There's not a lot else we can add to that. The Letters of Note book auction will be live for the next four and a bit days, with the current top bid standing at £260.
So, if you fancy snagging the two titles - or just ensuring that the Reading Agency gets a fair sum of money (and you some excellent books in return) - head here.
Being that W&M is relatively new in the world of books, we thought we'd get out from behind our desk and be active. So, because we like shifting our horizons (and because we were thankfully allowed to attend), we were at the launch at English PEN's 'World Bookshelf'. held at Foyle's on Charing Cross Road.
For the uninitiated, English Pen is the founding member of the Free Word Centre, and the founding centre of the international association of writers. If that means little, it is a charity set up to support the rights of readers and writers both in the UK and internationally. To give a small hint of its beliefs, it's actively fighting for a reversal of the UK's prison book ban.
Needless to say then that English PEN's belief in literary freedom is plastered all over its bookshelf.
Happy to be in like-minded (if far superior) company, we arrived in Foyle's 'gallery' area and took a seat surrounded by book lovers and industry professionals. We then moved seat; not wanting our mind to be the only thing able to stretch. Frankly, we weren't disappointed, as what was to follow was enlightening, enjoyable and highly interesting.
Harriet Gilbert of BBC Radio 4's 'A Good Read' and the World Service's 'The World Book Club' led things. Joined by novelists Nikita Lalwani, Elif Shafak and the translator Frank Wynne, the evening was relaxed, welcoming and genuinely revealing.
Each of the guests talked openly about their experience of writing in (and having text ported to) different languages. With the guests reading excerpts from personally chosen titles, we were treated to books in translation which inspired, intrigued or challenged them. All the while Gilbert listened avid as the rest of us, yet guiding the evening with insight and purpose as needed.
For those, like us, who read very little translated material, it was dazzling to be made aware of the artistry that goes in to making a book region-suitable. Titles, phrases, indeed whole passages of text have to be considered for suitability.
Elif Shafak recounted that one of her books Iskender, was translated to English (Honour) and Italian (House of Four winds) with changed titles. In English, Iskender (Alexander) may be taken as a history of Alexander the Great. In Italian, Honour (Honore) might be taken as a mafia-themed title.
Such considerations were alien to us. And we likely weren't alone: With English-writing authors works dominating British bookshelves, much of the magic of translation - and of the rhythm, themes and stories skilfully carried from other languages - are missed by many of us.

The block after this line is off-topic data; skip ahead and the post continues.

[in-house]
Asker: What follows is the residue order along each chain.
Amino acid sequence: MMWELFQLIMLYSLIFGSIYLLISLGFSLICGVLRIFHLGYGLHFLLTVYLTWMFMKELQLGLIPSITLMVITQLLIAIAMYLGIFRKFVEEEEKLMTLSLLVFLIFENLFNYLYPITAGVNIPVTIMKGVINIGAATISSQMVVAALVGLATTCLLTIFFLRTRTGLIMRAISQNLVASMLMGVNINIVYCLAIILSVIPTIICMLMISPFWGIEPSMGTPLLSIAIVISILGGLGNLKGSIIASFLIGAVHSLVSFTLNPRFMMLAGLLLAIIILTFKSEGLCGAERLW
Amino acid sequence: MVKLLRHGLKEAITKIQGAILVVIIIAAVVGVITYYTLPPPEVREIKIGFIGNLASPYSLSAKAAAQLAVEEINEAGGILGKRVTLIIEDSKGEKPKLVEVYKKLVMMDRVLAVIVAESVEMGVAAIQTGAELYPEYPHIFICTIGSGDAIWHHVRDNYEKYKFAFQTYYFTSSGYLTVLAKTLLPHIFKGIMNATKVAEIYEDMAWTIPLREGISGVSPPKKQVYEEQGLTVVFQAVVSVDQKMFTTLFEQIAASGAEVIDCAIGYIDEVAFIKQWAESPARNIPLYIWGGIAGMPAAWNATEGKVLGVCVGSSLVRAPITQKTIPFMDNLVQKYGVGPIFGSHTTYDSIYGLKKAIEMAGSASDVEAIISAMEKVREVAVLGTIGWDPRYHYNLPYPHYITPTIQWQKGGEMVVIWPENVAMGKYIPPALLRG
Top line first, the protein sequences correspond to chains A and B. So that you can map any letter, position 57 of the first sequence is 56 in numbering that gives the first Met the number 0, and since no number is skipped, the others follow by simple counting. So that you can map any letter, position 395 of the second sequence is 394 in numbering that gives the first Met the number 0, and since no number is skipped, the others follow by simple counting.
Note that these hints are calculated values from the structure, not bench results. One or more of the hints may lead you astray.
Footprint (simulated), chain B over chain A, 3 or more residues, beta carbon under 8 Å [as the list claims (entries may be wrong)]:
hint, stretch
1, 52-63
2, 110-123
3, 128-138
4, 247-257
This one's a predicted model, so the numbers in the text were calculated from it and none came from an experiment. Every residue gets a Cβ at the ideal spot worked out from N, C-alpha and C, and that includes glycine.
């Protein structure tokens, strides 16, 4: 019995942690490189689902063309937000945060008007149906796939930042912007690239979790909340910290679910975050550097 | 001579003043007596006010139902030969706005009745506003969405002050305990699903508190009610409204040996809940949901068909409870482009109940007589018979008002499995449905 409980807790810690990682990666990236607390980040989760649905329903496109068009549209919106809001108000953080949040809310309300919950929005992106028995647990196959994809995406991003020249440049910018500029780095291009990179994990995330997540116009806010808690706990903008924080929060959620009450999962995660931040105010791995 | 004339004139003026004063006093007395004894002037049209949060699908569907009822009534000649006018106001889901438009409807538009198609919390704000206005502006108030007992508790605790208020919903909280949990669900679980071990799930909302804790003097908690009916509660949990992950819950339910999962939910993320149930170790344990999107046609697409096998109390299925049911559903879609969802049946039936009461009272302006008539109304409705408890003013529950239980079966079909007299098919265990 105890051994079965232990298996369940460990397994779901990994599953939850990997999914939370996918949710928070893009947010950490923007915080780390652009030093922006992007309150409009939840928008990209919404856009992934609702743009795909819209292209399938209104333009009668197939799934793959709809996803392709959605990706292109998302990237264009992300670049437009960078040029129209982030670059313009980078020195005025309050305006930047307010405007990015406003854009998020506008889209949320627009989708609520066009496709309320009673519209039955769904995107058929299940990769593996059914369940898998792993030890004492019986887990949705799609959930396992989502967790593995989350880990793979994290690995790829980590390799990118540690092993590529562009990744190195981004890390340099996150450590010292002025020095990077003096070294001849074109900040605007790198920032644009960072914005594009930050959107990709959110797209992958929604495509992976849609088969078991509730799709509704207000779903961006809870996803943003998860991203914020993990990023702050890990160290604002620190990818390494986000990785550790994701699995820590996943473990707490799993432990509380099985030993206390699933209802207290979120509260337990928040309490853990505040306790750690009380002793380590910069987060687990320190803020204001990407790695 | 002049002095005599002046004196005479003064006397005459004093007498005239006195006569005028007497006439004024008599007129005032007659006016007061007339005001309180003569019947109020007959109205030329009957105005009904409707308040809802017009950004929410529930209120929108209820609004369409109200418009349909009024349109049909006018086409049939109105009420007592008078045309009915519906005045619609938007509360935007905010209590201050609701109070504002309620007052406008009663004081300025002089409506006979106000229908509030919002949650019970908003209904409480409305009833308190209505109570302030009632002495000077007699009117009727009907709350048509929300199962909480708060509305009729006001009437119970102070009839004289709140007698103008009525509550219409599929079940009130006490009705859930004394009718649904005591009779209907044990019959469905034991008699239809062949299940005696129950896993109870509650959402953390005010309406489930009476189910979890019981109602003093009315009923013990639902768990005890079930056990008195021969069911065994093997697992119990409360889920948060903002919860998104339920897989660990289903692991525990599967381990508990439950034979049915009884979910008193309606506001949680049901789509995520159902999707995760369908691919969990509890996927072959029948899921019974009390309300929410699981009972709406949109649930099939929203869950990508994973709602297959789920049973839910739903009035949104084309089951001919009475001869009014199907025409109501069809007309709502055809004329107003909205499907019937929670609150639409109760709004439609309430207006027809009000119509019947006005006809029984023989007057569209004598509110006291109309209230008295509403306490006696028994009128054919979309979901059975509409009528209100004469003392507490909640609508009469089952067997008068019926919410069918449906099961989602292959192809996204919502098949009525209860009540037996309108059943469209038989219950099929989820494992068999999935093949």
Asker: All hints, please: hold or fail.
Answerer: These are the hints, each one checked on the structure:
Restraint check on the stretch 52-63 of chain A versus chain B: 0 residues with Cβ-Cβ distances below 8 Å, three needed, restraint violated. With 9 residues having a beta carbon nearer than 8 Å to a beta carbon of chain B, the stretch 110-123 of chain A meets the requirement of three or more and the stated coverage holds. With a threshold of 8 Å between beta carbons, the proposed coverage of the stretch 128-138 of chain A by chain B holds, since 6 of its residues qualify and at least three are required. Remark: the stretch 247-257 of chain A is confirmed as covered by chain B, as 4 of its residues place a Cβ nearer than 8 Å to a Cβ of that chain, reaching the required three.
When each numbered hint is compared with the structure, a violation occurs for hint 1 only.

And so 'The World Bookshelf'.
Not content with letting readers miss out on international literature, English PEN has opened and committed to an "online gateway" showcasing the works of international writers - all made accessible through translation.
A portal full of author, book and translator info, complete with a blog and the possibility of future events. Meanwhile, a PEN Atlas section allows exploration and discovery of literature and by the continent.
We'd be stunned if we weren't so impressed by the portal. More importantly though, we're now struck by a daring feeling: the feeling that we may hold truly dear a book not native in English, but powerfully adopted.
What that book might be we're not yet sure. But we know who might help.
A podcast of the evening should shortly be available; we'll be sure to link to it here when it is!
The admirable challenge will see around 5,000 children receiving Orchard's highly popular Rainbow Magic or Beast Quest series, and achieve points for progress in reading through their given series.
In a clever 'gamification' approach to reading, points are awarded to children who carry out ten minute challenges - at home and at school - in an effort to complete their books and clock up 11.5 hours of reading.
To help encourage progress, teachers are to be supplied with wall reading maps, reading logs and challenge certificates - all of which, we're sure are highly useful tools.
To reward those achieving series completion, a chance to win prizes and a visit from a series character is on offer, along with - one of our favourite things - book vouchers.
Susie Musgrove of the NLT believes: "the challenges provide teachers with a platform for encouraging children to read for pleasure – something we know is hugely important for future achievement.”
We loved reading at school, and we couldn't agree more.
We're all familiar with book launches, but add the word 'edible' and it might seem a tasteless way to undo the author's hard work. Never fear though, it's all part of debut novelist Sarah Holt's plan for the booklaunch of Love and Eskimo Snow, a novel published by Valley Press next month. The launch of the title - which is available now - no doubt took some planning, and is helped in large part by Edible Stories.
The company is charged with delivering a six-course meal to intrigue and excite the senses, as attendees consider the central question of Holt's title: the varied experience of love. A fascinating evening surely awaits, and those interested enough can quite possibly attend.
The book launch will be in the Shoreditch area of East London on the 25th May, and tickets are available for £57:50. If supporting a debut novelist needs any sweetening, such a unique experience - alongside the promises of a key insight into the plot - might be just the thing.